Migration is very often a family affair, and often involves children, directly or indirectly. It may give rise to better quality of life for an entire family, or to bitter disappointment, and may also increase vulnerability to HIV and AIDS. This review, carried out for the Joint Learning Initiative on Children and AIDS, links the literature on "migration", on "HIV and AIDS" and on "families". Three themes are sketched: (1) As both HIV prevalence and circular migration increase, former migrant workers affected by AIDS may return to their families for care and support, especially at the end of life, often under crisis conditions. Families thus lose promising members, as well as sources of support. However, very little is known about the children of such migrants. (2) Following patterns of migration established for far different reasons, children may have to relocate to different places, sometimes over long distances, if their AIDS-affected parents can no longer care for them. They face the same adaptation challenges as other children who move, but complicated by loss of parent(s), AIDS stigma, and often poverty. (3) The issue of migrant families living with HIV has been studied to some extent, but mainly in developed countries with a long history of migration, and with little attention paid to the children in such families. Difficulties include involuntary separation from family members, isolation and lack of support, disclosure and planning for children's care should the parent(s) die and differences in treatment access within the same family. Numerous research and policy gaps are defined regarding the three themes, and a call is made for thinking about migration, families and AIDS to go beyond description to include resilience theory, and to go beyond prevention to include care.

  16. Rural migration in southern Nevada

    SciTech Connect

    Mosser, D.; Soden, D.L.

    1993-08-01

    This study reviews the history of migration in two rural counties in Southern Nevada. It is part of a larger study about the impact of a proposed high-level nuclear waste repository on in- and out-migration patterns in the state. The historical record suggests a boom and bust economic cycle has predominated in the region for the past century creating conditions that should be taken into account by decision makers when ascertaining the long-term impacts of the proposed repository.

  17. Climate Migration and Moral Responsibility.

    PubMed

    Nawrotzki, Raphael

    Even though anthropogenic climate change is largely caused by industrialized nations, its burden is distributed unevenly with poor developing countries suffering the most. A common response to livelihood insecurities and destruction is migration. Using Peter Singer's "historical principle" this paper argues that a morally just evaluation requires taking causality between climate change and migration under consideration. The historical principle is employed to emphasize shortcomings in commonly made philosophical arguments to oppose immigration. The article concludes that none of these arguments is able to override the moral responsibility of industrialized countries to compensate for harms that their actions have caused.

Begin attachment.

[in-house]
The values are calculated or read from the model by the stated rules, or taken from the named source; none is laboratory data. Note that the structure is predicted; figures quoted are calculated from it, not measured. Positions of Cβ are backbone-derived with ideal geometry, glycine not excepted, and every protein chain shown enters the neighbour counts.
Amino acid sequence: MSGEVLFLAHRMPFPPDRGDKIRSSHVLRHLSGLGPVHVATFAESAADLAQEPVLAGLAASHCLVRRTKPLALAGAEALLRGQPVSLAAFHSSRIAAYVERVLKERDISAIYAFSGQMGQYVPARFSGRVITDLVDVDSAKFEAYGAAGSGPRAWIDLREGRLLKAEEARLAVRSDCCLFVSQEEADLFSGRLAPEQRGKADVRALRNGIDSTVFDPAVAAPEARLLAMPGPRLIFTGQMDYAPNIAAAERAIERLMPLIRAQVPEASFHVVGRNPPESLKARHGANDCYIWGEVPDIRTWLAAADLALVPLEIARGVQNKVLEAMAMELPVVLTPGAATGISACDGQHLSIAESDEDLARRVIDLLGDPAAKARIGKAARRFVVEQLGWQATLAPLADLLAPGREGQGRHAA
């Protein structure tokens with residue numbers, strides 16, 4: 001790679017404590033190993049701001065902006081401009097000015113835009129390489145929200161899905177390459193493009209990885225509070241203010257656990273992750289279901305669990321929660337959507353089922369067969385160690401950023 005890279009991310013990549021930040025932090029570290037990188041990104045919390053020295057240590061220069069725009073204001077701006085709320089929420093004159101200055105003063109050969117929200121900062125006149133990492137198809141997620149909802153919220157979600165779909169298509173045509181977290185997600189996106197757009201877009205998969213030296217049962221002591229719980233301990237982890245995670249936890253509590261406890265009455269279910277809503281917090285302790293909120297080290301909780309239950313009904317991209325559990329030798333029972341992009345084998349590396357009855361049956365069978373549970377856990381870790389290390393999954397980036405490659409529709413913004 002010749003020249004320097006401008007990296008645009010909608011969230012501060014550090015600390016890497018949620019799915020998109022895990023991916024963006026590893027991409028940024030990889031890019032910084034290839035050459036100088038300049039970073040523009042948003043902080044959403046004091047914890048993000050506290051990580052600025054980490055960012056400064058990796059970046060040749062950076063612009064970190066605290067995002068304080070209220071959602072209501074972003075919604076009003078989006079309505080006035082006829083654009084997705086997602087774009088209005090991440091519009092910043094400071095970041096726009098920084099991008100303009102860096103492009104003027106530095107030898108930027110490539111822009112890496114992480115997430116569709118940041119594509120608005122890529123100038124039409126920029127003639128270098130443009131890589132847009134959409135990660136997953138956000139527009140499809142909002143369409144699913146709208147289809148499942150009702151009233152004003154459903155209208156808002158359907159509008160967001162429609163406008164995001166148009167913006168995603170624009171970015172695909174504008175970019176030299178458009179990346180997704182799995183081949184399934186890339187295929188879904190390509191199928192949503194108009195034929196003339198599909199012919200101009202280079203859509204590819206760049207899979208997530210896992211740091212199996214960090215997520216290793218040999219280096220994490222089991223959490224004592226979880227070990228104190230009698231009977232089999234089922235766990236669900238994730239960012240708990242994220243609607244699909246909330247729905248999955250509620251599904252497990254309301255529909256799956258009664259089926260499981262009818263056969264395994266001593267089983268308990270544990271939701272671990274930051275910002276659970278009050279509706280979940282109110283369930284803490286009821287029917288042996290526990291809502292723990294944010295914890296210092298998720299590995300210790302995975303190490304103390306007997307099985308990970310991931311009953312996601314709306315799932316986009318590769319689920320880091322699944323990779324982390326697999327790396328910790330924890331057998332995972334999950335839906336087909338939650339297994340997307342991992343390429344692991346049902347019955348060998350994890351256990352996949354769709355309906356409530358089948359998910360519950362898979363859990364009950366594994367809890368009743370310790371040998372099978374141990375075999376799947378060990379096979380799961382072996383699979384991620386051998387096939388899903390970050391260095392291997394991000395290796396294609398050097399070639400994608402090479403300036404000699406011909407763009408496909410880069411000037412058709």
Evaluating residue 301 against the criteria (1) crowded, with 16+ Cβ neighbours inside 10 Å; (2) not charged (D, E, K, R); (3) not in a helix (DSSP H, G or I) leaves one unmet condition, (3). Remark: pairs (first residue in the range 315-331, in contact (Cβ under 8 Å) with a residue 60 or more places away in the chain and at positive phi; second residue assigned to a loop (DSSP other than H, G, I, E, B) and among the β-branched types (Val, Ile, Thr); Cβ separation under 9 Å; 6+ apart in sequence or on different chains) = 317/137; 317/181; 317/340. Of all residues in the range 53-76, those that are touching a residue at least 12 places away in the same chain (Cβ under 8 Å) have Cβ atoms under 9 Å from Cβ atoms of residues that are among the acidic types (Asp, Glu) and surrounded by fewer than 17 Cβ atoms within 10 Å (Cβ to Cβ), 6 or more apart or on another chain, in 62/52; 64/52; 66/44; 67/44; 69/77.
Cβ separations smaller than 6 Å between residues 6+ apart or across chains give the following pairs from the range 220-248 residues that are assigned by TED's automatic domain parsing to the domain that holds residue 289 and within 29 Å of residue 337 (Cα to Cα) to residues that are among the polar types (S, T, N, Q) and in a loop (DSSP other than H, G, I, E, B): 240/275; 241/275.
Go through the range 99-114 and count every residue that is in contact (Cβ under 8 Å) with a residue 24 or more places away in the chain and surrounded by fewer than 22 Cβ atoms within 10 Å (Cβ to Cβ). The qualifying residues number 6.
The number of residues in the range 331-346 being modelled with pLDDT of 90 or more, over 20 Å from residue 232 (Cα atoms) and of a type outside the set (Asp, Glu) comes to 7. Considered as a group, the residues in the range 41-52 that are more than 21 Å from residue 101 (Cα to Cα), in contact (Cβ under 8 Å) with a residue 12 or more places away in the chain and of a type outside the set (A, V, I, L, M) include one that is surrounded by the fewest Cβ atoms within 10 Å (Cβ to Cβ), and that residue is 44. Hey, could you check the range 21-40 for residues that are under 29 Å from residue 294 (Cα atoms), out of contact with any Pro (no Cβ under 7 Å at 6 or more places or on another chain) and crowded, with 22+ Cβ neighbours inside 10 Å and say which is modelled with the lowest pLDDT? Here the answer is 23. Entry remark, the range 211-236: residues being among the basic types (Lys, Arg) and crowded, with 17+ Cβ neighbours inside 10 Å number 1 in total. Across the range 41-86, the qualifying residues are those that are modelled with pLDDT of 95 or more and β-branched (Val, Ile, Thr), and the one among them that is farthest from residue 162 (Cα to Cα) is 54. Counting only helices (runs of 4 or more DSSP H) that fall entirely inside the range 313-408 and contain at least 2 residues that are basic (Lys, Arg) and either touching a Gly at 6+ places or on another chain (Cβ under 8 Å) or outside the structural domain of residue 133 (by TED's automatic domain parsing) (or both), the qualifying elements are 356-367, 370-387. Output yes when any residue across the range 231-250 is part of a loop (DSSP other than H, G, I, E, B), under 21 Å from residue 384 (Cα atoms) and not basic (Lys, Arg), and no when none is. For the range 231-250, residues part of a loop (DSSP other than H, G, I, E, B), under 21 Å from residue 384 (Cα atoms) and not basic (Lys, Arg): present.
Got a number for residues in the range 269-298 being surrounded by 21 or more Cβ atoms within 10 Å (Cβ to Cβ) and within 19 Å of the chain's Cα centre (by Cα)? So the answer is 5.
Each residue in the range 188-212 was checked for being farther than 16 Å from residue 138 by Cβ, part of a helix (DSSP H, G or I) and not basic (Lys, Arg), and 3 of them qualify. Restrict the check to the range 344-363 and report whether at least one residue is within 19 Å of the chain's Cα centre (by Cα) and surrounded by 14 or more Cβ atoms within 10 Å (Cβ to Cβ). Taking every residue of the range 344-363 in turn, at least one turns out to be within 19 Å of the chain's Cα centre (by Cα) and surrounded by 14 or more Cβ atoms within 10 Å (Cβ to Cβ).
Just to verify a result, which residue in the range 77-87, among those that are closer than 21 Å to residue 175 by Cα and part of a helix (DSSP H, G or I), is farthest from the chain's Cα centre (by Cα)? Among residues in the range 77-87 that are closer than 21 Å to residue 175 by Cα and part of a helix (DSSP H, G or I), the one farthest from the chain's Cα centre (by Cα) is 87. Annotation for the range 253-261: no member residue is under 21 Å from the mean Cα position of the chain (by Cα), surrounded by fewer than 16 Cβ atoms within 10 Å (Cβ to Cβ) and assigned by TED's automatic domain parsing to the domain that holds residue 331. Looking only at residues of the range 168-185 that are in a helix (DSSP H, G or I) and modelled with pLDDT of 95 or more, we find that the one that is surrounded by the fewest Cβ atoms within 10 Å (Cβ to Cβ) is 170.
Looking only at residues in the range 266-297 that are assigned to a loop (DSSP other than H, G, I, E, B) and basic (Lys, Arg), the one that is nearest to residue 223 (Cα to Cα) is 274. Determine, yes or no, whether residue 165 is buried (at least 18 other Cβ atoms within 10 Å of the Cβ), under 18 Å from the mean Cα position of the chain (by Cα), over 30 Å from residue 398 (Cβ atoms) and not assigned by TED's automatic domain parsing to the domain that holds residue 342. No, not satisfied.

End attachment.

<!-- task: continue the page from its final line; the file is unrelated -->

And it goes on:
18. Climate Migration and Moral Responsibility

    PubMed Central

    Nawrotzki, Raphael

    2016-01-01

    Even though anthropogenic climate change is largely caused by industrialized nations, its burden is distributed unevenly with poor developing countries suffering the most. A common response to livelihood insecurities and destruction is migration. Using Peter Singer’s “historical principle” this paper argues that a morally just evaluation requires taking causality between climate change and migration under consideration. The historical principle is employed to emphasize shortcomings in commonly made philosophical arguments to oppose immigration. The article concludes that none of these arguments is able to override the moral responsibility of industrialized countries to compensate for harms that their actions have caused. PMID:27668124

  19. Trade and migration: the case of NAFTA.

    PubMed

    Martin, P L

    1993-01-01

    "This article provides background information on NAFTA [the North American Free Trade Agreement], reviews data on its economic effects, and summarizes studies and projections of NAFTA's likely effects on Mexico-to-U.S. migration. Migration factors (demand-pull, supply-push, and networks) are examined to determine whether NAFTA's effect on economic development particularly in the border areas will accelerate or retard migration. The conclusion is that NAFTA is likely to produce a temporary migration hump, slightly raising already high migration levels in the 1990s, but reducing the volume of Mexico-to-U.S. migration that would otherwise occur over subsequent decades."

  20. Migration of accreting giant planets

    NASA Astrophysics Data System (ADS)

    Crida, A.; Bitsch, B.; Raibaldi, A.

    2016-12-01

    We present the results of 2D hydro simulations of giant planets in proto-planetary discs, which accrete gas at a more or less high rate. First, starting from a solid core of 20 Earth masses, we show that as soon as the runaway accretion of gas turns on, the planet is saved from type I migration : the gap opening mass is reached before the planet is lost into its host star. Furthermore, gas accretion helps opening the gap in low mass discs. Consequently, if the accretion rate is limited to the disc supply, then the planet is already inside a gap and in type II migration. We further show that the type II migration of a Jupiter mass planet actually depends on its accretion rate. Only when the accretion is high do we retrieve the classical picture where no gas crosses the gap and the planet follows the disc spreading. These results impact our understanding of planet migration and planet population synthesis models. The e-poster presenting these results in French can be found here: L'e-poster présentant ces résultats en français est disponible à cette adresse: http://sf2a.eu/semaine-sf2a/2016/posterpdfs/156_179_49.pdf.